I wish there had been more follow-up on the necessity of ecological clean-up of the huge mess left behind by the Borg. “Worlds lie burning,” Finch tells us, “their citizens not even given the grace and dignity of a peaceful resting place, their lands toxic, their atmosphere defiled, their oceans venomous.” Sure, some of that may be hyperbole as part of his sales pitch, but even if it’s only fractionally true, it would have been nice to revisit this towards the book’s conclusion. There were, at least, other scattered nuggets of neat worldbuilding. This was my favorite: “O’Brien counted to ten in his head and let his stomach settle. The suit’s medical program must have sensed his discomfort and pumped something into him. Nausea dissipated and his mind cleared.”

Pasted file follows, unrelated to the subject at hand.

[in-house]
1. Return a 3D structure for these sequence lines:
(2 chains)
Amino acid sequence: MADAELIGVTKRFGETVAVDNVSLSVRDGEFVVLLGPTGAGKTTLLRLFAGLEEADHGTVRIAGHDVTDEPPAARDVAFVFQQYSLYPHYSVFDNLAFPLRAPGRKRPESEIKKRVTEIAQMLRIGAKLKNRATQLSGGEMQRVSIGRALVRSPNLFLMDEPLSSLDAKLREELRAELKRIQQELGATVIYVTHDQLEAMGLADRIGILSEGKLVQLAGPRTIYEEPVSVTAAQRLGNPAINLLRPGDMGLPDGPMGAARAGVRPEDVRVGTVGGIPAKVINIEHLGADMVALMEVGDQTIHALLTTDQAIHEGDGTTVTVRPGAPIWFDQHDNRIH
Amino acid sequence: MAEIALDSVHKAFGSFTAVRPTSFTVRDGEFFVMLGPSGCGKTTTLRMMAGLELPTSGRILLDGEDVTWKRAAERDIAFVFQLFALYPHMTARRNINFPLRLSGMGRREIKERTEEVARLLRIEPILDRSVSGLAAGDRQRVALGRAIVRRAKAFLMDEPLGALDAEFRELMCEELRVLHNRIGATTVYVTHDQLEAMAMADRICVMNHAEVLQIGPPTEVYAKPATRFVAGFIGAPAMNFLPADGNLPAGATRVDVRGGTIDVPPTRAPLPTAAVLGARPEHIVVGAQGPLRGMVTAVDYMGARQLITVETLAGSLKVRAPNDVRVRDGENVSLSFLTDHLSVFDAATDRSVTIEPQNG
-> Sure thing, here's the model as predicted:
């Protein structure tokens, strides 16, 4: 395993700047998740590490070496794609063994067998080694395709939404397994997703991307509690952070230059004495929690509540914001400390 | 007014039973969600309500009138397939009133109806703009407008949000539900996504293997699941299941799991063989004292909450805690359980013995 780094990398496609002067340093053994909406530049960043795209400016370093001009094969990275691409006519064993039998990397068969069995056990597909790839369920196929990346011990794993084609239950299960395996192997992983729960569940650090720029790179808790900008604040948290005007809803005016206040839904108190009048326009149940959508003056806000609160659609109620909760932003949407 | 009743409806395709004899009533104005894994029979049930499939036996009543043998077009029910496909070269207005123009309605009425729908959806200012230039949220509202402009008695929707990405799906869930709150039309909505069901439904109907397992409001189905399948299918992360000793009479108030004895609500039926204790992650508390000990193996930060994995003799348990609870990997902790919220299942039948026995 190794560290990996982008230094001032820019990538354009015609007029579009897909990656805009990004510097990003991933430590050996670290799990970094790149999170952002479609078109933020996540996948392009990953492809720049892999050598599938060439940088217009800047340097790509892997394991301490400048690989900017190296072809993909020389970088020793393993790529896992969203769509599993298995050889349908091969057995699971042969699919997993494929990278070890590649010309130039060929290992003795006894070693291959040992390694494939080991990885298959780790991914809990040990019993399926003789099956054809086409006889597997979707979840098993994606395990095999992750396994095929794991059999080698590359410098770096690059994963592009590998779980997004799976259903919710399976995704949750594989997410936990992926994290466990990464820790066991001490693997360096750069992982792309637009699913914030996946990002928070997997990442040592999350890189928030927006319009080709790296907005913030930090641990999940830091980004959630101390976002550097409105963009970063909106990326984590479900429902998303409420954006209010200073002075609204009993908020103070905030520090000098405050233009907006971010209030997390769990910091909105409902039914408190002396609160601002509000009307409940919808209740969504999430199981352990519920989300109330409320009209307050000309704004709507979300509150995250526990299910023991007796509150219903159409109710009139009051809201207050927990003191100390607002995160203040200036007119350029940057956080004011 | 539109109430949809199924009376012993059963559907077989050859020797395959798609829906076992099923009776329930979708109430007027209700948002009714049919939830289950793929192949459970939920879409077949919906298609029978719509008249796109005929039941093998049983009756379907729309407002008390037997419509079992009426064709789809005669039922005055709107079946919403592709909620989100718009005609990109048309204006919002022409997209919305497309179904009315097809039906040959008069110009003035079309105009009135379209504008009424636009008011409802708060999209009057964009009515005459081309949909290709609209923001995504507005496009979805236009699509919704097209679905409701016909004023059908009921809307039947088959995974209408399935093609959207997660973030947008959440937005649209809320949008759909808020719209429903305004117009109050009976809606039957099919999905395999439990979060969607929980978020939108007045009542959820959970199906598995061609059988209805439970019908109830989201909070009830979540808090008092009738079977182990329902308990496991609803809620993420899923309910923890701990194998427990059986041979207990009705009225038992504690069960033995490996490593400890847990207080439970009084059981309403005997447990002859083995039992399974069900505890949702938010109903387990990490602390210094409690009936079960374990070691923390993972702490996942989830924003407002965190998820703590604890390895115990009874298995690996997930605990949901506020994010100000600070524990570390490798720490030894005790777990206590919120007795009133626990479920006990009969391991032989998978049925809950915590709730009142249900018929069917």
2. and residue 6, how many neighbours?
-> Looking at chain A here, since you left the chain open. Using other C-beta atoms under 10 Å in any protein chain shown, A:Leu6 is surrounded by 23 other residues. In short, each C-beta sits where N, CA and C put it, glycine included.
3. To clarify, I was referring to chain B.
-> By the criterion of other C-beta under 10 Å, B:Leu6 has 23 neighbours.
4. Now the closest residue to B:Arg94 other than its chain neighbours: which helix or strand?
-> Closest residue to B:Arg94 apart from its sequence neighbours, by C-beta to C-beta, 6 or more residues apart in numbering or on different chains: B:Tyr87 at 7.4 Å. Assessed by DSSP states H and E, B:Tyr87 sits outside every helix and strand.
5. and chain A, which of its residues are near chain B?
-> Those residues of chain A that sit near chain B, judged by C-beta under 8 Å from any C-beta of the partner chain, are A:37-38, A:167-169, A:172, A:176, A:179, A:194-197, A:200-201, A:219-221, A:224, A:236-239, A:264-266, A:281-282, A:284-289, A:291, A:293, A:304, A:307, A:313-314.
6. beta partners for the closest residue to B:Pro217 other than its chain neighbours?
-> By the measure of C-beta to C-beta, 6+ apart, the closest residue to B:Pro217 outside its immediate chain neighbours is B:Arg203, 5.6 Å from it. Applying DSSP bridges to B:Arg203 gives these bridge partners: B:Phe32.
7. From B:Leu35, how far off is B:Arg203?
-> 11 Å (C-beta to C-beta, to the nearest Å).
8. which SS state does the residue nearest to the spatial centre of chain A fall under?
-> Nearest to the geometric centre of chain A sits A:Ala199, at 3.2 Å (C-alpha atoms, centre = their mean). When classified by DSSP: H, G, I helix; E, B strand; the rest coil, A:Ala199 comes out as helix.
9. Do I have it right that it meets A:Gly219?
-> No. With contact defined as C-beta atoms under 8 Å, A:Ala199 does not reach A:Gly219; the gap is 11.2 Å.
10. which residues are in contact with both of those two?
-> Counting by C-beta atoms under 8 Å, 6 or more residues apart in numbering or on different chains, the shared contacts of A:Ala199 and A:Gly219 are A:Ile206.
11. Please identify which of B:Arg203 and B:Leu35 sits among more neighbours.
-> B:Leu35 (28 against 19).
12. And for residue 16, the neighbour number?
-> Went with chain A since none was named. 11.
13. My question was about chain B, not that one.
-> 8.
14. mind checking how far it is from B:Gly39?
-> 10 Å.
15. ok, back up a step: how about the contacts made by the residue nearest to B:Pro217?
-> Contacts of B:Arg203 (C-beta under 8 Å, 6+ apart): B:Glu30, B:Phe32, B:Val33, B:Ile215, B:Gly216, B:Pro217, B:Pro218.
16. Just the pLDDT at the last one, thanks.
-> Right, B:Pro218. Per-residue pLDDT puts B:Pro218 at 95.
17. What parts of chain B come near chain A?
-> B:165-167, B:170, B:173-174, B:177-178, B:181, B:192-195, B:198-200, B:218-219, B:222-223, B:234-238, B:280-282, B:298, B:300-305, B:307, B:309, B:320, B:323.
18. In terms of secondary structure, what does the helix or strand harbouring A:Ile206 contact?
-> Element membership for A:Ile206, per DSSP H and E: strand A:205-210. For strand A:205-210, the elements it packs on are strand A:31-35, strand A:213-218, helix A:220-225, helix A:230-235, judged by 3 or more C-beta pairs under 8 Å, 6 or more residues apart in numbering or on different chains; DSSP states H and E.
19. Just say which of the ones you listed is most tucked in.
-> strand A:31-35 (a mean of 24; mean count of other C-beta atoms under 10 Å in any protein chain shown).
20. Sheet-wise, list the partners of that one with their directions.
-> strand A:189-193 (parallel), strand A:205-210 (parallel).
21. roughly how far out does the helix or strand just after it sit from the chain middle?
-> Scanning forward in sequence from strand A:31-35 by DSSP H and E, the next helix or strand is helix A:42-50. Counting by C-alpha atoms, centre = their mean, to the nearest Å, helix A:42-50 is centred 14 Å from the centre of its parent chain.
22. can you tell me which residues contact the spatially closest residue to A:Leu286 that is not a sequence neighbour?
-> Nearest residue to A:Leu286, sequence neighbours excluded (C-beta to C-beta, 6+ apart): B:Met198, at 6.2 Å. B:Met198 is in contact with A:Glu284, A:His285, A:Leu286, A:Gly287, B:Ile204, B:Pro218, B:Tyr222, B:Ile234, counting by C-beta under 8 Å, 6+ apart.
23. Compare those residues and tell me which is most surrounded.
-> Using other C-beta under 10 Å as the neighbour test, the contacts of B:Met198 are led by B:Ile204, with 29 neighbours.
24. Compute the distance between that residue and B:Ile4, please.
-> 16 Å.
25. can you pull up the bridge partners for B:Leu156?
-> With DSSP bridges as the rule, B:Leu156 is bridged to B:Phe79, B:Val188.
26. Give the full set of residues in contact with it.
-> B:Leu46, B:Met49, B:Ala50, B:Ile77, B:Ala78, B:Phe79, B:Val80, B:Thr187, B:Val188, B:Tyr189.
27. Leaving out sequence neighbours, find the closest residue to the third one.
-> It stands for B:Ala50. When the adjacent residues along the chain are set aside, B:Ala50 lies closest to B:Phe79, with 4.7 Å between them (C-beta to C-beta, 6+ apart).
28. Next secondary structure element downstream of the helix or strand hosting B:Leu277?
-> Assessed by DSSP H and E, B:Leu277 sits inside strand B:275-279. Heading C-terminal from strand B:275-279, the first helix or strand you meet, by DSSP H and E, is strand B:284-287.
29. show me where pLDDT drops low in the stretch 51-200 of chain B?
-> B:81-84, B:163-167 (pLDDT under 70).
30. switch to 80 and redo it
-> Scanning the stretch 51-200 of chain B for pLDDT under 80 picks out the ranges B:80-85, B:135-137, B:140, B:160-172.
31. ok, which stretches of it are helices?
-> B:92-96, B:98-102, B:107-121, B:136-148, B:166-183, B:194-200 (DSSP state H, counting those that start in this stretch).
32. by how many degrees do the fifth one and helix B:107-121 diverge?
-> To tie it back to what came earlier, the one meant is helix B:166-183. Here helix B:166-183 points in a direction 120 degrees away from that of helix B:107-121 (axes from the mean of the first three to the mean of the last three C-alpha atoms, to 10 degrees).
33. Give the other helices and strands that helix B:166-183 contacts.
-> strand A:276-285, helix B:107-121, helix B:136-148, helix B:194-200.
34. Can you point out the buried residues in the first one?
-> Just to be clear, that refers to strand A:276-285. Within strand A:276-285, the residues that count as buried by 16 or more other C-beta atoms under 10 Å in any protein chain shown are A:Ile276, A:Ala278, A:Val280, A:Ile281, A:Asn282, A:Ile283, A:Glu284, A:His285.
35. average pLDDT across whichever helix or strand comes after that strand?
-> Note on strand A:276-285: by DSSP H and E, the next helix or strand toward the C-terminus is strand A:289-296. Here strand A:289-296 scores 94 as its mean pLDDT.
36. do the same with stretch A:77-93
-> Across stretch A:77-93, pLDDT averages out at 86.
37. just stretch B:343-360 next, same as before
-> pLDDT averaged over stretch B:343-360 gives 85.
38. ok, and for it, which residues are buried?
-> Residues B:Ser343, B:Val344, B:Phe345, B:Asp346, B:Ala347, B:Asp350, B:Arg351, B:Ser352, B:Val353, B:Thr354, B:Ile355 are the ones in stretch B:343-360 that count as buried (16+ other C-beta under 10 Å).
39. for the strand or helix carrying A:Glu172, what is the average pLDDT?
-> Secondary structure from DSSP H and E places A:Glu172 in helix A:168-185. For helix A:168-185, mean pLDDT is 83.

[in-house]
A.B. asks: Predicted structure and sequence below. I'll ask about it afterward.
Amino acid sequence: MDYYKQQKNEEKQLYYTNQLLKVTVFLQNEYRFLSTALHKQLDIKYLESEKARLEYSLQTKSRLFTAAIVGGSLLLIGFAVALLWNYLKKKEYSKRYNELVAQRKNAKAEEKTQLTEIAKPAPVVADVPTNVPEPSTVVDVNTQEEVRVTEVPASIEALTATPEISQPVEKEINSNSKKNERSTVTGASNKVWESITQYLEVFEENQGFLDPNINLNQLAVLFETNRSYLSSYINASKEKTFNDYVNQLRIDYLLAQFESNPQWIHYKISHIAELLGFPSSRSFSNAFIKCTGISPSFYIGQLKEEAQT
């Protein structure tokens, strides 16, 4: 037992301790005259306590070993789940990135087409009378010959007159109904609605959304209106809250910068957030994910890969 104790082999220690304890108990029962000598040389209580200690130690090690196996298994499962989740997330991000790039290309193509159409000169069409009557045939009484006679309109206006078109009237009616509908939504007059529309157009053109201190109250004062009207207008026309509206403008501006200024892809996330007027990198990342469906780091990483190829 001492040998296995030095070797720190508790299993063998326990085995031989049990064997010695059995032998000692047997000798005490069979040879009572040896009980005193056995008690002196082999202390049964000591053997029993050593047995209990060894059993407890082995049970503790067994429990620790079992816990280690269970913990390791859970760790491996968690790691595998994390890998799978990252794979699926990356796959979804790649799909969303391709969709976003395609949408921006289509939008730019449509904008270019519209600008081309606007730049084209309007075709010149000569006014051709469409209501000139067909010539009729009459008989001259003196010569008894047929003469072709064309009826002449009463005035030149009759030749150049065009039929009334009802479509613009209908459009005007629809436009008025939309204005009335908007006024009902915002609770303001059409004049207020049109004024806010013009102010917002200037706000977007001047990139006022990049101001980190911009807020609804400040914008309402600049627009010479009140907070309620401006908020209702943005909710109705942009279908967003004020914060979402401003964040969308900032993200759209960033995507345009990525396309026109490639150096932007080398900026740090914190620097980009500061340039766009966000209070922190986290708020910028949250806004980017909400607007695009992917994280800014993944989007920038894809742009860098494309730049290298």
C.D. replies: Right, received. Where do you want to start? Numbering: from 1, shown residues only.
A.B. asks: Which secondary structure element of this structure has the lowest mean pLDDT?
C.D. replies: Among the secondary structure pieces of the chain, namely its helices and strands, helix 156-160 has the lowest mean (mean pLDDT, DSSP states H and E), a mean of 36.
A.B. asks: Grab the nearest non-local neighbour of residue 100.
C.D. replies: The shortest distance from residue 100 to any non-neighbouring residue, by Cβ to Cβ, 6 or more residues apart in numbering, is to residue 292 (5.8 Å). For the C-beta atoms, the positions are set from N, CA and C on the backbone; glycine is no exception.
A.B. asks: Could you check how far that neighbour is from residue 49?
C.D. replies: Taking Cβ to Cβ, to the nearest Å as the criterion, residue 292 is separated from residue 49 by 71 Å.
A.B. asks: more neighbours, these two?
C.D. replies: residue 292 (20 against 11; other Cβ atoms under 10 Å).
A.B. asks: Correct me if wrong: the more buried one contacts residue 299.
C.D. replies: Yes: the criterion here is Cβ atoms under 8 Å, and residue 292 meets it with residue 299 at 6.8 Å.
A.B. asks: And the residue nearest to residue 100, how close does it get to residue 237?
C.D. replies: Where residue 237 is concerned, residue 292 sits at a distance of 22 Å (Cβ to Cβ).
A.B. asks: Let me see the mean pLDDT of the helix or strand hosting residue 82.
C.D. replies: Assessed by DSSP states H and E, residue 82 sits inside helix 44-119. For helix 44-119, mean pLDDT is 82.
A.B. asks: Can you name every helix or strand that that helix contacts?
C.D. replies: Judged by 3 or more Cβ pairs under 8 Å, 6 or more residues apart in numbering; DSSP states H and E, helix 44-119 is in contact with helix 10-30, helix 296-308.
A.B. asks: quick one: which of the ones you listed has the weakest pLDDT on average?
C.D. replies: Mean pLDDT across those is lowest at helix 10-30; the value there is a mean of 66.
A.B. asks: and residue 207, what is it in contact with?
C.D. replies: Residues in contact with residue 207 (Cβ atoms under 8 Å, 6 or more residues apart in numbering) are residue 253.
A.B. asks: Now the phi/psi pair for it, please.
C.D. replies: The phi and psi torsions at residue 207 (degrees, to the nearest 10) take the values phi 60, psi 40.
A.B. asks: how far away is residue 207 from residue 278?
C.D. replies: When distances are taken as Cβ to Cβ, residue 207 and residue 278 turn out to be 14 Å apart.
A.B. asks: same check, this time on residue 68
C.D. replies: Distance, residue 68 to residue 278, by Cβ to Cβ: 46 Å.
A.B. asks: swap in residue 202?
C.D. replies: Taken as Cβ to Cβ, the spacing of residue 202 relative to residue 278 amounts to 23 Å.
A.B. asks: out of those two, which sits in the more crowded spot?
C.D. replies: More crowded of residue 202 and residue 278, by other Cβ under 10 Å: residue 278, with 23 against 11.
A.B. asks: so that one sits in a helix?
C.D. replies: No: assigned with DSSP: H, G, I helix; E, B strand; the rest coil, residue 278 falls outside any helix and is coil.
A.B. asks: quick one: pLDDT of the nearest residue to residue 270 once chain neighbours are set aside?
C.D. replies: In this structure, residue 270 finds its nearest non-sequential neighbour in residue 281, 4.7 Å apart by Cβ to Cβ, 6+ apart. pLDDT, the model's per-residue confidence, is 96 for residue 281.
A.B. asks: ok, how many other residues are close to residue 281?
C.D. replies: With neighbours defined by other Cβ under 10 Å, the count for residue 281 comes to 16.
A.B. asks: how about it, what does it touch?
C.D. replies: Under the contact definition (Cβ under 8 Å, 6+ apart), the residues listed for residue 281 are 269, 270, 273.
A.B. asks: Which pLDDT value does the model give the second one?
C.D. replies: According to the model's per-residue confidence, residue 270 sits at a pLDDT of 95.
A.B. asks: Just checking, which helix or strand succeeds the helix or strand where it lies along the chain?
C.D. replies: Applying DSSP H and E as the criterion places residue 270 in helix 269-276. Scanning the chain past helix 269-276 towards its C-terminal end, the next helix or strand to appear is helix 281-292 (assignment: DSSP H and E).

On balance, the numerous action scenes seemed mechanical and perfunctory compared to the more interesting character dynamics of the quieter moments, both present and past. Ironically, then, this novel is most effective in its instances of least “force and motion.” I was thankful for a little downtime from complicated, conspiratorial politics and huge, galaxy-spanning events, but overall I found this material somewhat hit-and-miss.

Memorable beats:

O’Brien: “I miss Julian.”

Michael Clark: “I’m sorry, Ben, truly sorry if I let you leave thinking you had somehow been fixed—as in, no longer broken. Psychiatry, therapy, psychoanalytics—whatever you want to call it—doesn’t work that way. You’ll always be broken. Or have been broken. Some terrible things happened to you.”

Nog to O’Brien: “Let’s never, ever, ever leave the station together.”

Orb factor: Entertaining but drawn out; 6 orbs.

In our next installment: We’ll be back in this space on Wednesday November 25th with Rules of Accusation by Paula Block and Terry J. Erdmann!

Alvaro is a Hugo- and Locus-award finalist who has published some forty stories in professional magazines and anthologies, as well as over a hundred essays, reviews, and interviews. Nag him @AZinosAmaro.